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Future House speaker Richard Corcoran gets no opposition

in Statewide/Top Headlines by

The next Speaker of the Florida House of Representatives appears to have received no opposition and should return to his next year.

Incumbent state Rep. Richard Corcoran, a Land O’ Lakes Republican was the only candidate to qualify for his House seat Friday.

Candidates had until noon Friday to qualify to be on the ballot. A spokeswoman for state elections officials said she expects all of the candidate qualifying information to be finalized by Friday evening.

Corcoran, who represents District 37, is slated to be the Speaker for the 2017 and 2018 Legislative Sessions.

Oliva, who represents District 110, will follow Corcoran as the speaker for 2019 and 2020. He drew an today opponent in Democrat Carlos Puentes, Sr. of Hialeah.

That assumes the GOP maintains its controlling majority in the 120-member House after the 2016 election. It is expected to, currently holding an 81-39 edge.

Corcoran, 51, first elected in 2010, was chief of staff to then-Speaker Marco Rubio, now a U.S. Senator. Last Session, he served as the House budget chief. He’s an attorney and father of six.

Oliva, 43, first elected in 2011, is CEO of the Oliva Cigar Co. Most recently, he chaired the House Economic Affairs Committee and its select committees on Affordable Healthcare Access and Redistricting.

Chris Sprowls, a third state representative slated for the speakership after Oliva, will face opposition as well.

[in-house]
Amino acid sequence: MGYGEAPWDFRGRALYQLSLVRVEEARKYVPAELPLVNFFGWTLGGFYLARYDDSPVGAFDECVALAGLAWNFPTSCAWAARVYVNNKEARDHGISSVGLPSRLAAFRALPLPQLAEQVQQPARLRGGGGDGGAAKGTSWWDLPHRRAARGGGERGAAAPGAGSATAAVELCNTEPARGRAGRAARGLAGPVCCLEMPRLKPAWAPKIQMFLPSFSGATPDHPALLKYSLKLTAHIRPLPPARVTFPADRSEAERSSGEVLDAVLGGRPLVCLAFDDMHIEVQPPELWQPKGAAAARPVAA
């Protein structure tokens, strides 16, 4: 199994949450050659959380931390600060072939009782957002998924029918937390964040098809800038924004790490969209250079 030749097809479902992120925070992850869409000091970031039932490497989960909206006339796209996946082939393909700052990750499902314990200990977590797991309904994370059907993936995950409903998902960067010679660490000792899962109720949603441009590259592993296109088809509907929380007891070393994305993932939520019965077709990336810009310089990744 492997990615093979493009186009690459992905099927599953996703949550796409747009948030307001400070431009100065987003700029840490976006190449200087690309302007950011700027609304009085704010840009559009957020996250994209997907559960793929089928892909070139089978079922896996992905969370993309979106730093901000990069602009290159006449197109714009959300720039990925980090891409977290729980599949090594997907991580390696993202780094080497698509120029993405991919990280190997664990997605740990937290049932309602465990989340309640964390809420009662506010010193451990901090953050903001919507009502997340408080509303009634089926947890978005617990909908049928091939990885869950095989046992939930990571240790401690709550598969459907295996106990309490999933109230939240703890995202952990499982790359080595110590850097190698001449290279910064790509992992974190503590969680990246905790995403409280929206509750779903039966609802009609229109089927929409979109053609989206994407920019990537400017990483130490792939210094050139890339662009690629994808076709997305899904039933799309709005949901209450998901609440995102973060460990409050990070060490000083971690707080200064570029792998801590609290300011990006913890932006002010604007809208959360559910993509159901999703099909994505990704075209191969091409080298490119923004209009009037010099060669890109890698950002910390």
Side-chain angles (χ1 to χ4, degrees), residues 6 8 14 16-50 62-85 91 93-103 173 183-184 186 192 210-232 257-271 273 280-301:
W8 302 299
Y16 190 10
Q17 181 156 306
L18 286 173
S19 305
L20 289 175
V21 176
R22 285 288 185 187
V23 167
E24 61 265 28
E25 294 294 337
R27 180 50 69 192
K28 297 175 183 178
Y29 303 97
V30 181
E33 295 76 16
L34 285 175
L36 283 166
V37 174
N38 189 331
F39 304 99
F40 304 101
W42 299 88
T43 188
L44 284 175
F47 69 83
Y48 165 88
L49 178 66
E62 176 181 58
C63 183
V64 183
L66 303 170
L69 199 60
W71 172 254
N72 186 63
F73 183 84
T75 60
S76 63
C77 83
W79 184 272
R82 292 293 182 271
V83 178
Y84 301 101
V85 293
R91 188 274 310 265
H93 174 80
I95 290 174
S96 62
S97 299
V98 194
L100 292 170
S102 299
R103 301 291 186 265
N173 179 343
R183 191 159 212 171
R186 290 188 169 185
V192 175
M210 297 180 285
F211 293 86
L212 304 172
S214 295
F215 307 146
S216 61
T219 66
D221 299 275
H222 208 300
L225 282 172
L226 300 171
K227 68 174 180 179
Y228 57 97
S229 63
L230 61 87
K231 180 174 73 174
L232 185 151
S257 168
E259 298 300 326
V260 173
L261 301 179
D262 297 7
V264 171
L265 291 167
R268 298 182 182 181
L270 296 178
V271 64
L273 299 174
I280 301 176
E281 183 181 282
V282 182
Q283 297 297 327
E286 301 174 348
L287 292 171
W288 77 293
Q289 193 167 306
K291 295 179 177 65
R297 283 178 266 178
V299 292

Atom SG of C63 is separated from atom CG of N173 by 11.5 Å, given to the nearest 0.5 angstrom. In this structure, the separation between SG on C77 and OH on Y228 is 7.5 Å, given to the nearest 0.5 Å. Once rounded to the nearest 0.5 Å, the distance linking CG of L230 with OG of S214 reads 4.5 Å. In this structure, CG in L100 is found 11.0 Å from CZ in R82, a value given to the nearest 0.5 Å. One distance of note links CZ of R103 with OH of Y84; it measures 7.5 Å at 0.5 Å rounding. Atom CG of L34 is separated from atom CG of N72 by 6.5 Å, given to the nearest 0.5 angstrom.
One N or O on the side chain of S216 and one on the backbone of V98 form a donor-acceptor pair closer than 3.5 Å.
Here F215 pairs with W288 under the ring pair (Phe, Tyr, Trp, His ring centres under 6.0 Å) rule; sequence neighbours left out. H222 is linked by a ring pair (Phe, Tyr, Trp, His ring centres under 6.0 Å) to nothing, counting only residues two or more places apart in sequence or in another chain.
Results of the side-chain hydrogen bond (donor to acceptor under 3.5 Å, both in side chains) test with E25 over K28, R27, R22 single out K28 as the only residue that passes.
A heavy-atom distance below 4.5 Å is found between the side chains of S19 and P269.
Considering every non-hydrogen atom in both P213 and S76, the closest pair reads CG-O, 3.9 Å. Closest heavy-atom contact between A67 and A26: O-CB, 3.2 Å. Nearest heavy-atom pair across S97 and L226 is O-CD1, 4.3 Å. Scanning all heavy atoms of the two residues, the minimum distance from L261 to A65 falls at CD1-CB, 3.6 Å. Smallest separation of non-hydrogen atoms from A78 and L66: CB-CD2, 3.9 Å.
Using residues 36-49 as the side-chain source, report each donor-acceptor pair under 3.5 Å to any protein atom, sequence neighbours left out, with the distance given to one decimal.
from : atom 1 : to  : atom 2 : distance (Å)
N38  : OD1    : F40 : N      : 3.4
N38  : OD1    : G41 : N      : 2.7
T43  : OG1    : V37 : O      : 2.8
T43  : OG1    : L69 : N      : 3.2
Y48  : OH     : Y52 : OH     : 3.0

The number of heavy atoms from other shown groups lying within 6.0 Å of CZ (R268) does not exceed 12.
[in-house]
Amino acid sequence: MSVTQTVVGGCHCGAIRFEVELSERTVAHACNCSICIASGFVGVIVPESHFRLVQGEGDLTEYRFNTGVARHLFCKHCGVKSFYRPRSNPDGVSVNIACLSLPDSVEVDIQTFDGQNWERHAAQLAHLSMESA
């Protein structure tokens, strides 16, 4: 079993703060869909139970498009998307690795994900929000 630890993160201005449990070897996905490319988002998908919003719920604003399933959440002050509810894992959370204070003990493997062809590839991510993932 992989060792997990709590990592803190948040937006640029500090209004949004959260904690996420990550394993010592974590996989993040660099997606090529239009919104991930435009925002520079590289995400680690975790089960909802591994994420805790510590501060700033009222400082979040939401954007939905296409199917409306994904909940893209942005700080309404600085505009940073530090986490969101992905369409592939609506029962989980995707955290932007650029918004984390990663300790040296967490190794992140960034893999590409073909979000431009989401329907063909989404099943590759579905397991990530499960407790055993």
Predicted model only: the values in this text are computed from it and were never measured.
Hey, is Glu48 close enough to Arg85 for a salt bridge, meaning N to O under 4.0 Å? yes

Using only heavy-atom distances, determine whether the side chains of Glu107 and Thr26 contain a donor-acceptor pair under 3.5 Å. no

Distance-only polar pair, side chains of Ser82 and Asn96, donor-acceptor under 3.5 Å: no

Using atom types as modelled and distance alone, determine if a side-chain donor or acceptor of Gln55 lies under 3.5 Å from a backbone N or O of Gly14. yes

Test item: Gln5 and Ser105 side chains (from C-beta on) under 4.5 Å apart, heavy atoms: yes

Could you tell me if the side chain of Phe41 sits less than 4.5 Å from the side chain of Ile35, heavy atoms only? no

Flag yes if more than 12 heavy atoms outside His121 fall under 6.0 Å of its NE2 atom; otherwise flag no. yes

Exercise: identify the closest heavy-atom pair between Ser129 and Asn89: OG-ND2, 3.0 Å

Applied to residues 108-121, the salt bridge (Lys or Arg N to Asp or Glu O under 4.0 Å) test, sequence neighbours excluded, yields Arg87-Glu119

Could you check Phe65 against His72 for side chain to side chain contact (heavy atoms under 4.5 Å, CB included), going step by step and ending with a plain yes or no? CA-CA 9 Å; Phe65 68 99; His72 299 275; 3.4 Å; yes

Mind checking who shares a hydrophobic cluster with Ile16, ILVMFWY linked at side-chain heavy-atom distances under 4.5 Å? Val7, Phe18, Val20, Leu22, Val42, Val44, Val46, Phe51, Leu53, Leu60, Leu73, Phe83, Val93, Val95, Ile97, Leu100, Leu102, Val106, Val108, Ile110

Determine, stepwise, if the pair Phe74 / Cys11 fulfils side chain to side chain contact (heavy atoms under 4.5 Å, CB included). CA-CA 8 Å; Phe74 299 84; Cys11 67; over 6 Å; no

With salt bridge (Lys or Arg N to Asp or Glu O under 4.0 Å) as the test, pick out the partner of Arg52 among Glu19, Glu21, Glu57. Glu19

Bernie Fensterwald qualified as a Democrat, records show, and will face the incumbent Sprowls in the November general election for the Pinellas County seat.

Before joining Florida Politics, journalist and attorney James Rosica was state government reporter for The Tampa Tribune. He attended journalism school in Washington, D.C., working at dailies and weekly papers in Philadelphia after graduation. Rosica joined the Tallahassee Democrat in 1997, later moving to the courts beat, where he reported on the 2000 presidential recount. In 2005, Rosica left journalism to attend law school in Philadelphia, afterwards working part time for a public-interest law firm. Returning to writing, he covered three legislative sessions in Tallahassee for The Associated Press, before joining the Tribune’s re-opened Tallahassee bureau in 2013. He can be reached at [email protected]

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